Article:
Every 25-year-old in Britain should receive £10,000 paid for by rich older people, according to a new proposal by a think tank.
The so-called “citizen’s inheritance” could help fix the “broken” inter-generational contract between baby boomers, many of whom own their homes, and millennials, who have struggled to get a foot on the housing ladder. The policy would be partly funded by the wealth of older people through a tax on what they try to pass to their children themselves.
The Resolution Foundation’s intergenerational commission spent two years studying the fracture between the generations in society before coming up with the solution, which it imagines as an ongoing boost to young people as they turn 25 rather than a one-off redistribution. It would come into existence as a rolling payment to 25-year-olds by 2030 – but older millennials who entered the labour market since the financial crash would also benefit. From 2020 onwards, the plan would give £1,000 to people born in 1985-6 – scaling up across the decade until the £10,000 mark is reached.
Education, deposits, pensions and start-ups
The citizen’s inheritance could be used for four purposes: funding education and training, deposits for renting and buying housing, investing in pensions or investing in starting up a business. Such financial problems for millennials – especially with housing and student debt – have received much media attention to date. A study by the Institute for Fiscal Studies last year said students now graduate with an average of £50,800 in loan debt. To keep the policy progressive, the lump sum would count against recipients’ inheritance tax allowance – so if they reached the threshold later in life, tax would kick in. Resolution proposes its own £125,000 “lifetime receipts tax allowance” to tax wealth, rather than the current inheritance tax system. When it comes to housing, the foundation believes the money could help with mobility – allowing young people to move around for work because of the availability of cash for deposits.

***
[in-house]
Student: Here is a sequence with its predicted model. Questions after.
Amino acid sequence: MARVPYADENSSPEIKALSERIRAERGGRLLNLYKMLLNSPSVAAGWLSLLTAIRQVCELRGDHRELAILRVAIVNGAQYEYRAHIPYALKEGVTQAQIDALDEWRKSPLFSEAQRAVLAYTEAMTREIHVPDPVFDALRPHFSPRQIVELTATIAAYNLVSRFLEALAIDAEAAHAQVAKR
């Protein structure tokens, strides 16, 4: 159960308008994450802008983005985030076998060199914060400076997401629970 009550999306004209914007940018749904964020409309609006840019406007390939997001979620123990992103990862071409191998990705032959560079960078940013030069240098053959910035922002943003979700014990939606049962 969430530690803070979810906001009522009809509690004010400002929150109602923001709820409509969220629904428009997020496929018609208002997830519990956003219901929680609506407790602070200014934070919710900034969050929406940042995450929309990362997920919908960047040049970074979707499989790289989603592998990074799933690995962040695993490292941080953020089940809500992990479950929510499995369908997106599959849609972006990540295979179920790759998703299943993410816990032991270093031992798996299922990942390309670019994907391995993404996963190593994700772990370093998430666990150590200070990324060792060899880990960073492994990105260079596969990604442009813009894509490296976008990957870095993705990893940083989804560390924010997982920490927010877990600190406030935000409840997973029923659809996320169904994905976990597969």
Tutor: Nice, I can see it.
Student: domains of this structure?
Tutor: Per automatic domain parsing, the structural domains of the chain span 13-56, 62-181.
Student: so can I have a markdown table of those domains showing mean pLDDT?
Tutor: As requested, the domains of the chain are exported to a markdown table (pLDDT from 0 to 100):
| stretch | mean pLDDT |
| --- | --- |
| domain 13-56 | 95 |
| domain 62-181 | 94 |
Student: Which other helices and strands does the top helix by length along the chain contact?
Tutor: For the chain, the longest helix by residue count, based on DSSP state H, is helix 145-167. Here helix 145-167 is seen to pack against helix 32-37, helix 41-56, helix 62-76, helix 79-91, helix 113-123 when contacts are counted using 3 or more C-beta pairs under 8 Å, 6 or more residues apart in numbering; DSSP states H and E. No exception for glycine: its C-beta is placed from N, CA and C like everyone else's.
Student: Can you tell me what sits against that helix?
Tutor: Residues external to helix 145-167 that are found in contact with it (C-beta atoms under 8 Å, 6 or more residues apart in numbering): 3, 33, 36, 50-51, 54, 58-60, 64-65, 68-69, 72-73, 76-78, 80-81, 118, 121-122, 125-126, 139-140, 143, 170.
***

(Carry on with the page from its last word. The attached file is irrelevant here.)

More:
The policy would be funded by targeting the wealth already handed through the generations by richer people. The proceeds of the lifetime receipts tax allowance would go into paying for the citizen’s inheritance, along with money saved by scrapping things such as the Help to Buy scheme, which help already well-off younger people. Resolution says such scrappages could raise £1bn in the “medium term”. The intergenerational disparity could be a problem when it comes to funding care for an ageing population, if younger people in the workforce lack the means to fund it or the ability to benefit from asset-ownership.
Delivering on obligations
The intergenerational commission’s proposals may seem radical, but they were reached by a panel chaired by former Tory minister David Willetts and Carolyn Fairbairn, director general of business group the CBI, along with TUC union chief Frances O’Grady. “Britain’s contract between generations lies at the heart of society,” said Willetts. “As families we provide for our children and parents at different times. We expect the state to support these natural instincts, but too often it is tilted in the opposite direction. Many people no longer believe that Britain is delivering on its obligations to young and old.”
This article originally featured on our sister website www.inews.co.uk.